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A Moment of Science

Plants in Motion

Have you ever noticed that plants seem to move? Just the other day it seemed as though the plant on my desk was moving. When I came in early that morning, its leaves were tilted downwards, and later they were tilted up.

After doing a bit of research, I found plants move in response to a variety of stimuli like light and touch. I mean, just think of the Venus flytrap or plants whose leaves track the sun throughout the day. While plants don’t have muscles, they do have motor cells in the region where the leaf connects to the stem; these swell when they take in water and shrink when water flows out of them.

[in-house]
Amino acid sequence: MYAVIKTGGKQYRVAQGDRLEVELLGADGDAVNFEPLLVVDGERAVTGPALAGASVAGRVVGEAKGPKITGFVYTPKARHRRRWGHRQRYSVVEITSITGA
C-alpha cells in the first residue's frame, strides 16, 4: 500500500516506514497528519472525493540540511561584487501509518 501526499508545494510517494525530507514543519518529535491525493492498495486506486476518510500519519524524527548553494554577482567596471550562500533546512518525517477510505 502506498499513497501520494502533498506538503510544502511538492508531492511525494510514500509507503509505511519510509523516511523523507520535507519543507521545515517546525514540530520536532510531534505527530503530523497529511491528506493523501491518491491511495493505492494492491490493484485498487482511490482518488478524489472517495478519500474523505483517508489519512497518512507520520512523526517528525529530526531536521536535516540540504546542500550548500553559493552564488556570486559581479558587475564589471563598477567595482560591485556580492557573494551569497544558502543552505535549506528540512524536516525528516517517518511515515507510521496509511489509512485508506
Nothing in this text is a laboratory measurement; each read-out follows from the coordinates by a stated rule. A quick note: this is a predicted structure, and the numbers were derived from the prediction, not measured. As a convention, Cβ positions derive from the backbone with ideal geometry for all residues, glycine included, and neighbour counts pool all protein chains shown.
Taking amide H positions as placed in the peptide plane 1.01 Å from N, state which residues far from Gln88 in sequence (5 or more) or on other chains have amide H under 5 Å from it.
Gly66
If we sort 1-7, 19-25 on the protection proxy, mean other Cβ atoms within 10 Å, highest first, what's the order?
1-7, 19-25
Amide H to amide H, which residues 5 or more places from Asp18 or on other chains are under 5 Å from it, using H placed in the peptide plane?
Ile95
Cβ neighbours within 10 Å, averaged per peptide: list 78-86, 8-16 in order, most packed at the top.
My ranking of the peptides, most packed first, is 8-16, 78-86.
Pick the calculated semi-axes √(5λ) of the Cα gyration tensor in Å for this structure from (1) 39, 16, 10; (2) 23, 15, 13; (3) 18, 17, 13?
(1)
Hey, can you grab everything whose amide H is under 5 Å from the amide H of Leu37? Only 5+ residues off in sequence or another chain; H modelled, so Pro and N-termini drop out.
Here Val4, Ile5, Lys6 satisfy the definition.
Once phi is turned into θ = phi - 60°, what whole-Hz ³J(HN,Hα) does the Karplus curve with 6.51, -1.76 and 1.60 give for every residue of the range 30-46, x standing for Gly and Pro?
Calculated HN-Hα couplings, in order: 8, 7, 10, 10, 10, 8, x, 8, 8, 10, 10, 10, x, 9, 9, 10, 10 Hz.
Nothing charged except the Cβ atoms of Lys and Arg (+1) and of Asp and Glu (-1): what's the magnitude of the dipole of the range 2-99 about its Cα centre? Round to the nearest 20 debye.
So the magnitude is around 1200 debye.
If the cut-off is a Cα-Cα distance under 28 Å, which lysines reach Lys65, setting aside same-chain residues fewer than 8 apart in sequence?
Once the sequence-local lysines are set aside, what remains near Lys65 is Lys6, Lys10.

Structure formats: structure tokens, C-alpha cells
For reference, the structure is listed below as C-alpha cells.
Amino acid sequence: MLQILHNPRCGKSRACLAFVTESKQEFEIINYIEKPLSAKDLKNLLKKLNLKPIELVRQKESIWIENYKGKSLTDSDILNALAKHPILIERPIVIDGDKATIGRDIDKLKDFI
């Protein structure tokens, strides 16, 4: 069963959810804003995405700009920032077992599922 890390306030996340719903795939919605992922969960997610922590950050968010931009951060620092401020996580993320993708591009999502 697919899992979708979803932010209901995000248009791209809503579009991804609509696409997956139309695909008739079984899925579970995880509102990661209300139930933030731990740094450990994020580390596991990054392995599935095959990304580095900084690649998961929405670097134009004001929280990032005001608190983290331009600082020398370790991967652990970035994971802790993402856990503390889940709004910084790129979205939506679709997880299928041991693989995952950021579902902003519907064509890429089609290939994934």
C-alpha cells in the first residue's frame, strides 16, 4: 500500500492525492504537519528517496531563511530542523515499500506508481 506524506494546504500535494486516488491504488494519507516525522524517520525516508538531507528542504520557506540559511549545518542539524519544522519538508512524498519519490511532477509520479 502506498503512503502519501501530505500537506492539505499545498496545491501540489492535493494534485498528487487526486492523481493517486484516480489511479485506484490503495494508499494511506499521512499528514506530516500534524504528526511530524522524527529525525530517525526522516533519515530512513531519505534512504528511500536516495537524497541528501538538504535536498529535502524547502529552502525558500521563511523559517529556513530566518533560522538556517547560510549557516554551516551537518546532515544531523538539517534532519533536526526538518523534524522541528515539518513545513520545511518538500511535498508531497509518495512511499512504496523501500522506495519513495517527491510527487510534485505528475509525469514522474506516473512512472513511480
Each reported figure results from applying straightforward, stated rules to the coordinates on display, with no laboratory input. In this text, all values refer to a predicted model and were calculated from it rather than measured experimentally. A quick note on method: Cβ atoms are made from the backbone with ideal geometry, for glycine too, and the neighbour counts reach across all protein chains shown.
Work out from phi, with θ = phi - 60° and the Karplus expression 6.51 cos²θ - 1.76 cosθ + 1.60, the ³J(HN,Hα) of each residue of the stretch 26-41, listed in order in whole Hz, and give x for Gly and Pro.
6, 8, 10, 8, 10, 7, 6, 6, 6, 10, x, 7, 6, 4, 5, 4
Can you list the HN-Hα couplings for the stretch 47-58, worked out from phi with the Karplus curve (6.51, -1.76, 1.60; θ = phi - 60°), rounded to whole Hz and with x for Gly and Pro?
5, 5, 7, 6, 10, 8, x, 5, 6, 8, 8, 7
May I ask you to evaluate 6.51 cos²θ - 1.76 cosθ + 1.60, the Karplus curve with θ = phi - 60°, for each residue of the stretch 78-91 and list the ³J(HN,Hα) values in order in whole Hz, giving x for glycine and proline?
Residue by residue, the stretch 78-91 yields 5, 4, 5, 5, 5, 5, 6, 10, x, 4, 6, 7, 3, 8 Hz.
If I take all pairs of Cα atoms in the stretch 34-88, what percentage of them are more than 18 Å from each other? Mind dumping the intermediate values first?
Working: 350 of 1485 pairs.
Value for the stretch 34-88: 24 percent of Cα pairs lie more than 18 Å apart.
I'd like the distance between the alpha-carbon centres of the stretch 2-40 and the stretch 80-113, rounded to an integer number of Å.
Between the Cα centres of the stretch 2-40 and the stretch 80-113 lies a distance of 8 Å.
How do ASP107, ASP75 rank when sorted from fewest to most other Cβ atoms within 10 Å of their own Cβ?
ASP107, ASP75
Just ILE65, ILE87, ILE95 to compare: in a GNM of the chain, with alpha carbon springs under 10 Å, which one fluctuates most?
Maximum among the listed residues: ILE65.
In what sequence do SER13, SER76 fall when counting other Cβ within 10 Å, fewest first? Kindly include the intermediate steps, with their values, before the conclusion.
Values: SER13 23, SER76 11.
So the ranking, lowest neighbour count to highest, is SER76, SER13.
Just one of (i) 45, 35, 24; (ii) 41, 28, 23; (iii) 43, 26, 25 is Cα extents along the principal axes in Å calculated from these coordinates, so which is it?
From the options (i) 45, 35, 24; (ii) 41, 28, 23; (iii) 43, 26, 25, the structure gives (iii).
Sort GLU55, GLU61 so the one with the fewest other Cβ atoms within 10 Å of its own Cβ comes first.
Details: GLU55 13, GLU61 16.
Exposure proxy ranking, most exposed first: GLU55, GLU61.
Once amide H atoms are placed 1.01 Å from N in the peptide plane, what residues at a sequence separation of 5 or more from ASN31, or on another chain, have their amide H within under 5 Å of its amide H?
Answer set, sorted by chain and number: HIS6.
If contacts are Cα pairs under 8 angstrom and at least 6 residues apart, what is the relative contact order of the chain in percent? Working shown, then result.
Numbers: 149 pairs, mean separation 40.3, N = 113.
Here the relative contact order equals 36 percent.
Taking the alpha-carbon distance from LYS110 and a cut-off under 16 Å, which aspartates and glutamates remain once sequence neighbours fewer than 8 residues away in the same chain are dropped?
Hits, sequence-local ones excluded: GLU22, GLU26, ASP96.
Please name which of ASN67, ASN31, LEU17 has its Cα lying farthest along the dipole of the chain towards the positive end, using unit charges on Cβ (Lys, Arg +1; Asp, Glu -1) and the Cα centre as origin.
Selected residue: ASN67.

All this shrinking and swelling enables the leaf to move. For example, if the cells on the top of the region swell, and the cells at the bottom shrink, the leaf connected to that region droops. The changes in the volume are directly related to a changing concentration of potassium and chloride within the cells. The plant doesn’t want these chemicals to become too concentrated, so when there’s a large influx of potassium to a cell, for example, it’s followed by an influx of water to maintain the chemical balance.

What’s less clear is what triggers these chemical changes. Different plants have different mechanisms, some electrical, some chemical, and some both, but there’s little known about how the signal travels from the stimulus to the motor cells. Historically, there’s been more research on motion signaling systems in mammals than on those in animals, so in plants, this is still a really hot area of research.

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